How does the Gibbs inequality condition affect the stability and detachment of floating spheres from the free surface of water?

Feng, Dong-xia and Nguyen, Anh V (2016) How does the Gibbs inequality condition affect the stability and detachment of floating spheres from the free surface of water?. Langmuir, 32 8: 1988-1995. doi:10.1021/acs.langmuir.5b04098


Author Feng, Dong-xia
Nguyen, Anh V
Title How does the Gibbs inequality condition affect the stability and detachment of floating spheres from the free surface of water?
Journal name Langmuir   Check publisher's open access policy
ISSN 1520-5827
0743-7463
Publication date 2016-02-02
Year available 2016
Sub-type Article (original research)
DOI 10.1021/acs.langmuir.5b04098
Open Access Status Not Open Access
Volume 32
Issue 8
Start page 1988
End page 1995
Total pages 8
Place of publication Washington DC, United States
Publisher American Chemical Society
Language eng
Formatted abstract
Floating objects on the air–water interfaces are central to a number of everyday activities, from walking on water by insects to flotation separation of valuable minerals using air bubbles. The available theories show that a fine sphere can float if the force of surface tension and buoyancies can support the sphere at the interface with an apical angle subtended by the circle of contact being larger than the contact angle. Here we show that the pinning of the contact line at the sharp edge, known as the Gibbs inequality condition, also plays a significant role in controlling the stability and detachment of floating spheres. Specifically, we truncated the spheres with different angles and used a force sensor device to measure the force of pushing the truncated spheres from the interface into water. We also developed a theoretical modeling to calculate the pushing force that in combination with experimental results shows different effects of the Gibbs inequality condition on the stability and detachment of the spheres from the water surface. For small angles of truncation, the Gibbs inequality condition does not affect the sphere detachment, and hence the classical theories on the floatability of spheres are valid. For large truncated angles, the Gibbs inequality condition determines the tenacity of the particle–meniscus contact and the stability and detachment of floating spheres. In this case, the classical theories on the floatability of spheres are no longer valid. A critical truncated angle for the transition from the classical to the Gibbs inequality regimes of detachment was also established. The outcomes of this research advance our understanding of the behavior of floating objects, in particular, the flotation separation of valuable minerals, which often contain various sharp edges of their crystal faces.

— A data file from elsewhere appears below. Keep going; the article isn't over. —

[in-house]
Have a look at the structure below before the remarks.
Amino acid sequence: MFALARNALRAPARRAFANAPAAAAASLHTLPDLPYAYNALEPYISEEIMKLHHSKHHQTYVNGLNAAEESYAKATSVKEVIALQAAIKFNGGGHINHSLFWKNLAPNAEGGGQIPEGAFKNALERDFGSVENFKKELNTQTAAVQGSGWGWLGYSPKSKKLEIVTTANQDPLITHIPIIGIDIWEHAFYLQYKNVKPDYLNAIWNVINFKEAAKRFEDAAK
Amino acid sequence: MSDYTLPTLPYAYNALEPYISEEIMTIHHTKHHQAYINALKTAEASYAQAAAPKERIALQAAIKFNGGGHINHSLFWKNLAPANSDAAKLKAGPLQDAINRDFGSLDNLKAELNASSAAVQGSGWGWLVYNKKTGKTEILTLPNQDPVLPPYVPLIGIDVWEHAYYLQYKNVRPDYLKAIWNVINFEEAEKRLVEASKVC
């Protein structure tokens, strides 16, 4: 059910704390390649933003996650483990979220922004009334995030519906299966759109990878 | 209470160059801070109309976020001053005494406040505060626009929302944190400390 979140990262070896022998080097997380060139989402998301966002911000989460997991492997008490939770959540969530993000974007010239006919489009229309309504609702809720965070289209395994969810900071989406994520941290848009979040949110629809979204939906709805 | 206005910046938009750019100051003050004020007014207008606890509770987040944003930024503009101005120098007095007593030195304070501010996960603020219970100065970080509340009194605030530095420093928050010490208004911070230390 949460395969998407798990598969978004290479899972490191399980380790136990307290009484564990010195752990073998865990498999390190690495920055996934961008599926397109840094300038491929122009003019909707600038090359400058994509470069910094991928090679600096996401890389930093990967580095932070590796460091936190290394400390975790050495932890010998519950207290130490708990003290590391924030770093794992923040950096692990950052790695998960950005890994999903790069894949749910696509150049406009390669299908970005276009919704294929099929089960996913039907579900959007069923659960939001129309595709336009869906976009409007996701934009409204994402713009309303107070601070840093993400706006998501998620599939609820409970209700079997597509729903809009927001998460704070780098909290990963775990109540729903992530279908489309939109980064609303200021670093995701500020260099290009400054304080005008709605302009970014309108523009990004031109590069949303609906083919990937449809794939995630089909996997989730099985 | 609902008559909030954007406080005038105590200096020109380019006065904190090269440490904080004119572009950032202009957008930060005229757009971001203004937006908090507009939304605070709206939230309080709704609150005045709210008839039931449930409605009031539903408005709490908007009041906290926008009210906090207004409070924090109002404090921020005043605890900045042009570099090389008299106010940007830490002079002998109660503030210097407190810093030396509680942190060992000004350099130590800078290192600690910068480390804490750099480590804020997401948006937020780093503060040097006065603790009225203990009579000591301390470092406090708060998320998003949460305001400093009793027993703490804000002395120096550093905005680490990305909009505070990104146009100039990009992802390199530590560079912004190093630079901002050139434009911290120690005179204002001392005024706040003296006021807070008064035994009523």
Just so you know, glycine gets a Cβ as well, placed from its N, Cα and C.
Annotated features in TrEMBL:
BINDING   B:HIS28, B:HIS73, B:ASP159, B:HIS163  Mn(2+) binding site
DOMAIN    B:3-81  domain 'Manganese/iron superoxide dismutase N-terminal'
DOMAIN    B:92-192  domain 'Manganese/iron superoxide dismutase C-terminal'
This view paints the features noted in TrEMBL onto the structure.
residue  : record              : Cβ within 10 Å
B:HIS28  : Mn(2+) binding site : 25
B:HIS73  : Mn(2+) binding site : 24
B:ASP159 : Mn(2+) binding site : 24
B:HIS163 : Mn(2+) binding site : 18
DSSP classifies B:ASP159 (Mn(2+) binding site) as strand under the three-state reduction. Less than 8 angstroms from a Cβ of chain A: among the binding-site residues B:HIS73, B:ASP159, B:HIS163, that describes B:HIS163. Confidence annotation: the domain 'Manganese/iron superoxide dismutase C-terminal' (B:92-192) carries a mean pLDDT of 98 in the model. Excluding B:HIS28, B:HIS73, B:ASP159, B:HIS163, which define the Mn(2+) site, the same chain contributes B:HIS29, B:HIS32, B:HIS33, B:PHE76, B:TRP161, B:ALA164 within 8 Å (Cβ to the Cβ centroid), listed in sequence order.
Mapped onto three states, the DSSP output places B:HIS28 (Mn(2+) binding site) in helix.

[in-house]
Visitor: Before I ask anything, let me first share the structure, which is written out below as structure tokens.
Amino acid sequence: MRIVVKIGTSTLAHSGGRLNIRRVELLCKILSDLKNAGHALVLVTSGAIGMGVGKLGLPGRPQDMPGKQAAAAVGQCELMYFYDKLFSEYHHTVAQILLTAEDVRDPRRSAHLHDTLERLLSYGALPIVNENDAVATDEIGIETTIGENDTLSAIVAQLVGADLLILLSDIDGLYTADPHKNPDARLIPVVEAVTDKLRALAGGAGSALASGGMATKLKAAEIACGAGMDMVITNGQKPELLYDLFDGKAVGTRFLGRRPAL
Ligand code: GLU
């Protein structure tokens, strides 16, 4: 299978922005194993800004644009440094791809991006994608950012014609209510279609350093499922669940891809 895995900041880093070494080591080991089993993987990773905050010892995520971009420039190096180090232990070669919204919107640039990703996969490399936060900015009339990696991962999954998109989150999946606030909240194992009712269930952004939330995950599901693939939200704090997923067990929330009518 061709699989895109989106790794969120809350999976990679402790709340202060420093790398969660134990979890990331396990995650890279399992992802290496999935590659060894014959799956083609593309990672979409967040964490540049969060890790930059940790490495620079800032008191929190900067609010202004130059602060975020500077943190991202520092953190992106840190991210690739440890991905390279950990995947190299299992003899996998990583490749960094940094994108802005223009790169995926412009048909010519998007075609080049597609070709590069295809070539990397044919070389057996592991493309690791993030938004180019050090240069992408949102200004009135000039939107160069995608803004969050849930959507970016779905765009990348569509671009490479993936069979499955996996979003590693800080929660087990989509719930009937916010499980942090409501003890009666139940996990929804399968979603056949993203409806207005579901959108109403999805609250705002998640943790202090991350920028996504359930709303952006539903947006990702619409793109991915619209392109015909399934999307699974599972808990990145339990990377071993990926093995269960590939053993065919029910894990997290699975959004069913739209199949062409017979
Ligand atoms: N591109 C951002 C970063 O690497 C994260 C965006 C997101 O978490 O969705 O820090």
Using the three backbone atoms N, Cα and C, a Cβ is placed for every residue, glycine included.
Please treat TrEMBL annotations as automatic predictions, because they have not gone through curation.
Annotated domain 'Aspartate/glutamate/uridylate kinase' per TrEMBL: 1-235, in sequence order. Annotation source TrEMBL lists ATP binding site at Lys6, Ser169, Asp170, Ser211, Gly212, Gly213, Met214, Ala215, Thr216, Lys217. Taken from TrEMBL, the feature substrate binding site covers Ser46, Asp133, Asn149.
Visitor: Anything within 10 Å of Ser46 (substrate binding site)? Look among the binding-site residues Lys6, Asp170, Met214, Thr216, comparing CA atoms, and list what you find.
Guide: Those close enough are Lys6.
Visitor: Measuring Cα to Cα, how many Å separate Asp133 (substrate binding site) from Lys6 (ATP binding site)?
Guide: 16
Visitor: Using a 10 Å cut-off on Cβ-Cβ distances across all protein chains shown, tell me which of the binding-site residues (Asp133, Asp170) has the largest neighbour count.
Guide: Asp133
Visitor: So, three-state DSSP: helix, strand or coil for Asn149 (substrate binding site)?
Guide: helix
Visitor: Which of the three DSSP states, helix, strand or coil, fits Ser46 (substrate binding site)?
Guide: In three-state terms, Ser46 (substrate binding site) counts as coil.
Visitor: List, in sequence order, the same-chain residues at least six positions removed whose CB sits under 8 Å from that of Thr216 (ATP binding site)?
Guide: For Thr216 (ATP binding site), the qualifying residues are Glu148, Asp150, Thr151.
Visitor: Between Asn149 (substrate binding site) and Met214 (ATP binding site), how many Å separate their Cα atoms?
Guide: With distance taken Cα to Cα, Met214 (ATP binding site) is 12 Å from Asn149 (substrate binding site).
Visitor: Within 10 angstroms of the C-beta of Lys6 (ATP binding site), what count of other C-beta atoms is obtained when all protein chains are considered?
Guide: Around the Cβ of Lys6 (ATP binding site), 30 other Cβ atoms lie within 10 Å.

Q-Index Code C1
Q-Index Status Provisional Code
Institutional Status UQ

Document type: Journal Article
Sub-type: Article (original research)
Collections: School of Chemical Engineering Publications
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